AIM welcomes the EC’s willingness to consider policy changes to reflect the new omni-channel market reality: online players no longer need the protection over the brick-and-mortar channel that the EC granted when it revised the VBER/VGL package in 2010. Brand owners should be free to set different prices and to offer hybrid retailers discounts or compensations to reward and support their in-store efforts, which would be much more effective than trying to work out a “fixed fee” or setting a minimum in-store turnover target for brick-and-mortar stores.
“As brick-and-mortar stores need support to acclimatise to rapidly evolving markets, a more flexible approach is essential, and we endorse Executive Vice-President Vestager’s intention to pursue this objective”, remarked Michelle Gibbons, Director General of AIM, the European Brands Association. “We must take a consumer-centric approach, as consumers now expect a seamless shopping experience throughout their journey, whether offline, online or both. Brand owners have invested heavily in recent years to build this omni-channel experience for consumers who have become increasingly connected, mobile and interested in engaging with brands at any time and from anywhere.”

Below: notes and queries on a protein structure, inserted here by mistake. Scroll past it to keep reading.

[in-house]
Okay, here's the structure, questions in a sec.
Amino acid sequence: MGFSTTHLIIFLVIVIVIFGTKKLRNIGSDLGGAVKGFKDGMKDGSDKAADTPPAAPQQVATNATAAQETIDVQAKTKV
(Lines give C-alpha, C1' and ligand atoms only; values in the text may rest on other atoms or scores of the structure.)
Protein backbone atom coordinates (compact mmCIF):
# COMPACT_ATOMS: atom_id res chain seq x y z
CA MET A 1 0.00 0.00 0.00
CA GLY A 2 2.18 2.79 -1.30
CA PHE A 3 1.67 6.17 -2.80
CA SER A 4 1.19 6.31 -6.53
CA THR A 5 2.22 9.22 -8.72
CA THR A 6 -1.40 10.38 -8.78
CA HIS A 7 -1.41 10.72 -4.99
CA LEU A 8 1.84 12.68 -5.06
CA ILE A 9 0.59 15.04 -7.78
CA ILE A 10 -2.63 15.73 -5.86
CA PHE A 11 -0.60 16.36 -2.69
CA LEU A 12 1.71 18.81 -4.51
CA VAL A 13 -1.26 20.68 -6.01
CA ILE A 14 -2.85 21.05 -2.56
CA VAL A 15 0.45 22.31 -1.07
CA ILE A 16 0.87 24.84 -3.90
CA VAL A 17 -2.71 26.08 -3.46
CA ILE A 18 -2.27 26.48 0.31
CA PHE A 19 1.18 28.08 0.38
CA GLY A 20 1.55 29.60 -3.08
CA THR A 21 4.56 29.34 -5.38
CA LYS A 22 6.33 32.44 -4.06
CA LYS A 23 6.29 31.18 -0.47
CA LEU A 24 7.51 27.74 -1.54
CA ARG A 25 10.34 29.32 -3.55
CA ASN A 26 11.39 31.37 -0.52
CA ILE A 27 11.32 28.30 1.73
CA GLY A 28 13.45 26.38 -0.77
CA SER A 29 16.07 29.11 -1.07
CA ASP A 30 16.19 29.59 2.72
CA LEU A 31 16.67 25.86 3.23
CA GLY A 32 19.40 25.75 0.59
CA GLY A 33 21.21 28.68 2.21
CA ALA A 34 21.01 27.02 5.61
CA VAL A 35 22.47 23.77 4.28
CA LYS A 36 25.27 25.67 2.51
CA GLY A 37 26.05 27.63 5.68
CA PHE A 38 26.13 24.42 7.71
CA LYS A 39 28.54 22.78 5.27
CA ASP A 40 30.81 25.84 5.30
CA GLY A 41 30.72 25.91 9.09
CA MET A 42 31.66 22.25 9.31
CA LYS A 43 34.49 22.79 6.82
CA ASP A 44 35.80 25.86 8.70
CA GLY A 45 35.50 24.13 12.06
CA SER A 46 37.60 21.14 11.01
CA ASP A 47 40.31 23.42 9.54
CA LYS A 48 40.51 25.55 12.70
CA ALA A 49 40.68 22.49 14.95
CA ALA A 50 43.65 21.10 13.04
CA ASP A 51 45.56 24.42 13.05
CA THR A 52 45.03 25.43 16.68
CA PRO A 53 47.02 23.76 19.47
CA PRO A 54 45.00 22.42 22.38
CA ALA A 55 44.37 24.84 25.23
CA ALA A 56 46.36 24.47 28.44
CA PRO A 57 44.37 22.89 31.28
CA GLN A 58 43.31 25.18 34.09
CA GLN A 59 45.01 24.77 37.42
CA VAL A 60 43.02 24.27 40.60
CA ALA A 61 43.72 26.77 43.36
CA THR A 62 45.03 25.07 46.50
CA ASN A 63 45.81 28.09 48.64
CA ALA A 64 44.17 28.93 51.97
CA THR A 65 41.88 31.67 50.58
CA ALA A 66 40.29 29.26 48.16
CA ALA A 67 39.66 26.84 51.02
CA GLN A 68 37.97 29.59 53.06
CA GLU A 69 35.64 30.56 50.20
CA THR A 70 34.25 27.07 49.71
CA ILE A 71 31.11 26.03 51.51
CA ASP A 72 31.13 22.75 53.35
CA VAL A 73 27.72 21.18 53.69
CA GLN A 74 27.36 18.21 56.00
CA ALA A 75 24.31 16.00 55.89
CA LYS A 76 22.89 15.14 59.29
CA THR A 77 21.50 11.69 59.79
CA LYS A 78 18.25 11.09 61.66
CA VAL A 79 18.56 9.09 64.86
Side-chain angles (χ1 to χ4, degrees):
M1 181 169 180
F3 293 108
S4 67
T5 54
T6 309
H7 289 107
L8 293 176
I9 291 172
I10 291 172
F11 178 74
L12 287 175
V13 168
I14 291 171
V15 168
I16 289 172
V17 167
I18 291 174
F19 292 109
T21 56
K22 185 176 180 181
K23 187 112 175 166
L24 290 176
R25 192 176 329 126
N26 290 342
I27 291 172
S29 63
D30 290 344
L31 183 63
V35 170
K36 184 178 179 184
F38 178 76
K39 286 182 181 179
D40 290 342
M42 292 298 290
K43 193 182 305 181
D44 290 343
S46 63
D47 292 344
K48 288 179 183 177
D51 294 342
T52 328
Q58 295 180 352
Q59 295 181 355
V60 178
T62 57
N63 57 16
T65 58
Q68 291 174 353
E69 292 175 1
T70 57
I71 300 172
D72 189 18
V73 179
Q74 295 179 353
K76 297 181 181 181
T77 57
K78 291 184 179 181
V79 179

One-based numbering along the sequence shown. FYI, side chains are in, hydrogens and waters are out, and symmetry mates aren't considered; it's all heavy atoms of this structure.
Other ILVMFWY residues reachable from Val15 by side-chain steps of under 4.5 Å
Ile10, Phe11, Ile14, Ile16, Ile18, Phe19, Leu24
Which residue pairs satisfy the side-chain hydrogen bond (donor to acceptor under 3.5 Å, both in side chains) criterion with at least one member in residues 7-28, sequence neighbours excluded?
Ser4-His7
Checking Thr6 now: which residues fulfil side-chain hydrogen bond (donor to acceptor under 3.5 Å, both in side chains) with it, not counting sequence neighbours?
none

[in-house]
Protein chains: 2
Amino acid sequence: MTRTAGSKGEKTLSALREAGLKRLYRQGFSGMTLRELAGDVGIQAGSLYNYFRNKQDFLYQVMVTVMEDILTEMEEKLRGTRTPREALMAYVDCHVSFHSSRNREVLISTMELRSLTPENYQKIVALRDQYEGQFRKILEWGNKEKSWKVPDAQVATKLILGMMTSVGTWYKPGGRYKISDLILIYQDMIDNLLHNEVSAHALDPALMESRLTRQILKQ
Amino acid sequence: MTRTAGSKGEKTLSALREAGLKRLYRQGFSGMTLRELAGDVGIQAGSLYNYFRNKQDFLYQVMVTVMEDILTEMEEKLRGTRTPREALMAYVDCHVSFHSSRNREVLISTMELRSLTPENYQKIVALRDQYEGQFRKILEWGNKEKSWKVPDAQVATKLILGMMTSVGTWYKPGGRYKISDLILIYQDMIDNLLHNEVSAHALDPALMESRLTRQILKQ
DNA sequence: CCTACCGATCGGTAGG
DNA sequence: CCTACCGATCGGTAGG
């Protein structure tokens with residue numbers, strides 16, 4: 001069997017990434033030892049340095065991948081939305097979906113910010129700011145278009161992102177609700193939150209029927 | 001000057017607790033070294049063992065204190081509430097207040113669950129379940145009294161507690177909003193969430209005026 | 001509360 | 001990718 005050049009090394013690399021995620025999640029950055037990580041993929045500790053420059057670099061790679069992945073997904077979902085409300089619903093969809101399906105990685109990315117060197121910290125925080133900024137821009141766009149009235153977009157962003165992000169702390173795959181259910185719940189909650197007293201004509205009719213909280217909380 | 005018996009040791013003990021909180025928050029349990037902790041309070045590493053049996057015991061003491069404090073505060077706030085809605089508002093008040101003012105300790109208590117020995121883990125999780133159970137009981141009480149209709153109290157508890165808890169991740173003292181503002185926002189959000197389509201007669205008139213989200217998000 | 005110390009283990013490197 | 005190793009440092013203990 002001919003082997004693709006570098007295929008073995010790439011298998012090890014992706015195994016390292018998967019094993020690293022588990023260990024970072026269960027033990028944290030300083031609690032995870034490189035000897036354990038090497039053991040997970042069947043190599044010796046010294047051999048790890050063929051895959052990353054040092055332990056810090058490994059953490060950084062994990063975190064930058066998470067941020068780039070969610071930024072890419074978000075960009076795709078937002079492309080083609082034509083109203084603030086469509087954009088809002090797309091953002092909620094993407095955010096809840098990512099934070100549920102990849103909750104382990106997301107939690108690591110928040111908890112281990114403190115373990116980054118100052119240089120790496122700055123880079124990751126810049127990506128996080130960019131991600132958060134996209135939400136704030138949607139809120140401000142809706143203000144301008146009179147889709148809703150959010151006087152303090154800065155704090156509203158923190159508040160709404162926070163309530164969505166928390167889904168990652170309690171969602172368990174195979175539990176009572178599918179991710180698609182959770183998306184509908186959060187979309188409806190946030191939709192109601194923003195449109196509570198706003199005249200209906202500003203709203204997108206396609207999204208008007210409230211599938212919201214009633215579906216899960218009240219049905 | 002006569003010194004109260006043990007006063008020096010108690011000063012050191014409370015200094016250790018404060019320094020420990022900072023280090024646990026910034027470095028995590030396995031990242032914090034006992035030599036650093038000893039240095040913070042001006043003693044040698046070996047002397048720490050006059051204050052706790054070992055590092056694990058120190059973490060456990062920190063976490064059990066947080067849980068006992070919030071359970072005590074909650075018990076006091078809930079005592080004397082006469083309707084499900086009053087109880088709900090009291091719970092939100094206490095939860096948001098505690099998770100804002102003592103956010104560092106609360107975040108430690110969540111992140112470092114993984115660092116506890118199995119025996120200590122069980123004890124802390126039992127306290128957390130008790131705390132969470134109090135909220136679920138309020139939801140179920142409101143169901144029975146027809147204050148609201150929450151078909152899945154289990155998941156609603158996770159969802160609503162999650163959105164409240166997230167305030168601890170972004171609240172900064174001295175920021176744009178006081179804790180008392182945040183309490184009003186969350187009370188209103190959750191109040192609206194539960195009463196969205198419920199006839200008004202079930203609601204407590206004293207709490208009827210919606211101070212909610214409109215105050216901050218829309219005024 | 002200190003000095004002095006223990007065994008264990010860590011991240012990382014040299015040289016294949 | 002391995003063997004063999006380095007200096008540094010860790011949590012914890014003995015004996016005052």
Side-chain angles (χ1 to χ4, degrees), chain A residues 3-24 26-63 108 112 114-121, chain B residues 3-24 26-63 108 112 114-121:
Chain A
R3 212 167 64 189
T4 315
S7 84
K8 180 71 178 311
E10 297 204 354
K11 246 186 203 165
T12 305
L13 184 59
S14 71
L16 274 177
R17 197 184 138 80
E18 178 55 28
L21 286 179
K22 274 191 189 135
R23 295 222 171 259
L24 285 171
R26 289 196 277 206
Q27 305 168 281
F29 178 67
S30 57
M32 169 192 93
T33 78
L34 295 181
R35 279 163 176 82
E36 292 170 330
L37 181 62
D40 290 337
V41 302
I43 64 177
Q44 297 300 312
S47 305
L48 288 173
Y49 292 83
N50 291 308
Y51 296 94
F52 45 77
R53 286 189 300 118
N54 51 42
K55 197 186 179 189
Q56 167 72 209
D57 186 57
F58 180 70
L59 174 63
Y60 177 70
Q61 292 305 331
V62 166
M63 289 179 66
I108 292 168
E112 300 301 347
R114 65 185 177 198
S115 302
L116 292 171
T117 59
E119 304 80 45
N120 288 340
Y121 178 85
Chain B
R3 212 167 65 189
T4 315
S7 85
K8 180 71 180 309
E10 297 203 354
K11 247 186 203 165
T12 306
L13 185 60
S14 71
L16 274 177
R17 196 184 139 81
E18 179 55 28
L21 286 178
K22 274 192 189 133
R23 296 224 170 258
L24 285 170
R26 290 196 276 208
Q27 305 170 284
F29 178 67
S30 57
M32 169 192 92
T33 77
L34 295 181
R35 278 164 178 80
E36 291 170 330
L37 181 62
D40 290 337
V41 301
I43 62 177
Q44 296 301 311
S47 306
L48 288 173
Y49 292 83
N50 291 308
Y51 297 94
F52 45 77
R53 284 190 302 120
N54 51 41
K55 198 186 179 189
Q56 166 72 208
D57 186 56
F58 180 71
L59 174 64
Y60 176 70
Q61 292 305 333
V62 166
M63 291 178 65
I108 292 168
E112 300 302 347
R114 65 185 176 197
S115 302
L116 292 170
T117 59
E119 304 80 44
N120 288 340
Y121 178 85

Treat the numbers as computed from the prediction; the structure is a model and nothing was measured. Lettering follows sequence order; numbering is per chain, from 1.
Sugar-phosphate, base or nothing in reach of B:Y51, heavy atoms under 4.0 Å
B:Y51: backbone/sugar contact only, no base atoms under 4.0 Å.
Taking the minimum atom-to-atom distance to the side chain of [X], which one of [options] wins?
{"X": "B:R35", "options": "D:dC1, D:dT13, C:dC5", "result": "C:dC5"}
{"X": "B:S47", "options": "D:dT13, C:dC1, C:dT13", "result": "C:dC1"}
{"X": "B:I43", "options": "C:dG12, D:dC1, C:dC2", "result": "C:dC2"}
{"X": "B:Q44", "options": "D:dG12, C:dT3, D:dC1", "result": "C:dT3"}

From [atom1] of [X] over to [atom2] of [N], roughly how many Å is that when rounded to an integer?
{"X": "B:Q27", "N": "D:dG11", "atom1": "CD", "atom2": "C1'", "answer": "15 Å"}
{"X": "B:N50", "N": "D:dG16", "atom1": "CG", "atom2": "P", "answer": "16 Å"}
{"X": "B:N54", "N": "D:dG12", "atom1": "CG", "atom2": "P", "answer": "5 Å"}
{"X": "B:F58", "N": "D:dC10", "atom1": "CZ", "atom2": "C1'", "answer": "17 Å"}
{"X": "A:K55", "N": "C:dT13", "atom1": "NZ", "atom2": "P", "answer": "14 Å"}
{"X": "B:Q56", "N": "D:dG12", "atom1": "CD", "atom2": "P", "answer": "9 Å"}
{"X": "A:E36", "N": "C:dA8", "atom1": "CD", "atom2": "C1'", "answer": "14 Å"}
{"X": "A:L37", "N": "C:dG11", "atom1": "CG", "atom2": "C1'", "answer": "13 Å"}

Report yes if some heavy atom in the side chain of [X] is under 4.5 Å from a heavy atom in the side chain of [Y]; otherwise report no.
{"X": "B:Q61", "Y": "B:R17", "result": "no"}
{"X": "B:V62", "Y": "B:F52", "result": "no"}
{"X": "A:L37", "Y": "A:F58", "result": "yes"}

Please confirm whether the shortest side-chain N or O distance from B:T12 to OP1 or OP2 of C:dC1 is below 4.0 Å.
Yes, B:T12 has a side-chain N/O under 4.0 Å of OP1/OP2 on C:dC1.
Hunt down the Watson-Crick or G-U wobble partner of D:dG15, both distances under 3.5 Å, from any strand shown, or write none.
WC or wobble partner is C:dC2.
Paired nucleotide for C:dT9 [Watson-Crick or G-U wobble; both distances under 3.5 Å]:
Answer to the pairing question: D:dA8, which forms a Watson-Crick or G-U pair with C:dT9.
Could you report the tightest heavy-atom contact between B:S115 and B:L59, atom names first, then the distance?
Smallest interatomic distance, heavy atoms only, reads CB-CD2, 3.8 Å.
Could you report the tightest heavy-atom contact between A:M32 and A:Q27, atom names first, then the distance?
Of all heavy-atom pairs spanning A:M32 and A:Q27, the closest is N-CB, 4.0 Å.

The EC should block-exempt dual pricing for both online and offline sales and the VGL should clarify that a supplier and its retailers are free to exchange information about the sales channel through which they sell the supplier’s products since such activity is not indicative of any attempt to limit or restrict passive sales by the retailer. Suppliers need this information to adjust their strategy to consumer demand and the ever-evolving retail environment, and to remunerate appropriately the efforts made by hybrid retailers, either online and/or offline. The VBER/VGL framework should explicitly allow a brand owner to collect this data and to reward a retailer for sharing such data, including in situations of dual distribution.